Both OpenSanctions and OpenCorporates provide powerful data building blocks for compliance. By linking our databases up, we make it easier to track assets or assess exposure.
The clue is in the name: We’ve modeled OpenSanctions after OpenCorporates, the open database of companies, in some important ways. That inspiration is not limited to making sanctions lists publicly searchable and viewable, but also includes putting a focus on clear data provenance, and using commercial licensing as a means to create a sustainable open data resource.
So it’s only natural that our projects should aim to complement each other. The key requirement for that is integration: we need to make it easy to use the connections between both databases, for example to help analysts continue their research of a sanctioned company by checking the corporate reports, directors and owners on OpenCorporates.
That’s why we’ve started an effort to create explicit links between the two databases. Over 1,500 companies are now linked up, thanks to the easy-to-use OpenCorporates API and our data enrichment framework. Take German energy policy wunderkind Nord Stream 2, for example: its OpenSanctions profile now links to the company’s corporate details and records.
What’s really interesting about these few thousand hyperlinks is that they give a hint to what we think will be an important next phase of open data: both projects are (very differently sized) tiles of a jigsaw tapestry of business transparency. OpenCorporates blog post on the cooperation does a great job of explaining that vision:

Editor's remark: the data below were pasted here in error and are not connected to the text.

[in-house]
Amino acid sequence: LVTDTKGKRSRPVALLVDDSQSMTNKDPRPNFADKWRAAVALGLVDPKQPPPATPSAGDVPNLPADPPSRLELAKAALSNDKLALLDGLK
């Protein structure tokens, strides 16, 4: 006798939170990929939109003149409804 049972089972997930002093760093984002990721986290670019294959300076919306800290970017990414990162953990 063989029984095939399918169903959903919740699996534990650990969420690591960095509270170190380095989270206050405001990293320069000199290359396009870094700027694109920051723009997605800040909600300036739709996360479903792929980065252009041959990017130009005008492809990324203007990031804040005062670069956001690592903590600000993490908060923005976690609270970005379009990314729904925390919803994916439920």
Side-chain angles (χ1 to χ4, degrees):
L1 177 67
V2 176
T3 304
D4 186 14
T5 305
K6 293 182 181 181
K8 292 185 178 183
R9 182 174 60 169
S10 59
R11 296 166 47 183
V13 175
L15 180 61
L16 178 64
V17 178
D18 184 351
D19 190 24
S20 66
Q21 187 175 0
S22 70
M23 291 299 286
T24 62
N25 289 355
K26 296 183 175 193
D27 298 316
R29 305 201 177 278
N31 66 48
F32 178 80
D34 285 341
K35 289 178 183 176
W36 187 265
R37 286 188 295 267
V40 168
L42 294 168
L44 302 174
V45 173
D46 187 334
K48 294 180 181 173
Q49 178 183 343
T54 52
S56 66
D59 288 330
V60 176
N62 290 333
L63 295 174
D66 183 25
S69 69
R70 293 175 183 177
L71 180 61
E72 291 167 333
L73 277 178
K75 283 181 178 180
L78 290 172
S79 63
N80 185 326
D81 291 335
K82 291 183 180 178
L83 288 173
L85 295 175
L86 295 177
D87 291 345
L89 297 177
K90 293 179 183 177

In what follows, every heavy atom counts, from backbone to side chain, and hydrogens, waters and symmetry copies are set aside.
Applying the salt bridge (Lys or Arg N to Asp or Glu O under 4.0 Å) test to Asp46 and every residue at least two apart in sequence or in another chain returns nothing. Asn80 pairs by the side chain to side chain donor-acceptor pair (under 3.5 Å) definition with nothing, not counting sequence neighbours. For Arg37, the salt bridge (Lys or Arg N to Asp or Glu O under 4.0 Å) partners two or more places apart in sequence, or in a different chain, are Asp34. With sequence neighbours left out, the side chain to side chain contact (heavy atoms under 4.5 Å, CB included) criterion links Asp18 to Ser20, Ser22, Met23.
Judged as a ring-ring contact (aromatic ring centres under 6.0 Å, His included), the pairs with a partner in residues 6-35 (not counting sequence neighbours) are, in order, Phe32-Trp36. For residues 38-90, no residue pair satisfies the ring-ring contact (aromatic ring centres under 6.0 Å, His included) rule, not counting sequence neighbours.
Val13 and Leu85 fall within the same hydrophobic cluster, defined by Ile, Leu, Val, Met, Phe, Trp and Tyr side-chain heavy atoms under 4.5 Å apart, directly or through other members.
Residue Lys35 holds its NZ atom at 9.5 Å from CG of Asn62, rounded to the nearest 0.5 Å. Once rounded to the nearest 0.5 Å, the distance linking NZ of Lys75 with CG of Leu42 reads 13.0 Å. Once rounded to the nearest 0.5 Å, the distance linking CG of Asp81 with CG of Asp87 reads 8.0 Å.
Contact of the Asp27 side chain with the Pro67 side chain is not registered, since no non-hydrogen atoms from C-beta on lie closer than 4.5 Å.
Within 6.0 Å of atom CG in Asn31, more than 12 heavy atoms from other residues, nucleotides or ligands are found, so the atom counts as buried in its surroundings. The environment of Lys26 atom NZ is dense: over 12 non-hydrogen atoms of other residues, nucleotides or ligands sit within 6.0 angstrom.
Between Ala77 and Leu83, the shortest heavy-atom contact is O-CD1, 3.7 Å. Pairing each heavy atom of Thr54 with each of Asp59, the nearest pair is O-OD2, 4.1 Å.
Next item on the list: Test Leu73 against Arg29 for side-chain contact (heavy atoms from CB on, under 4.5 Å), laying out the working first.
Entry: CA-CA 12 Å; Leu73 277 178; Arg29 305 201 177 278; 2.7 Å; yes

This joining of the dots between our databases is just the latest development in the evolution of an ecosystem of critical open datasets.
Whether you’re looking to integrate data about legal entities, beneficial ownership or sanctions – high-quality and openly available datasets are being curated to help all.
And the more interconnected these datasets are, the greater their utility – and the easier they are to build solutions with.
“I believe we will see an infrastructure of building blocks of open data sources, including our sanctions data and OpenCorporates’ company data – as well as others like extractive resource data and property ownership data” Friedrich said. “These will be high quality and provenanced, and allow users to answer key questions like: ‘how closely am I linked to a certain company?’”
Continue reading for the full announcement on OpenCorporates blog.
This article is part of OpenSanctions, the open database of sanctions targets and persons of interest.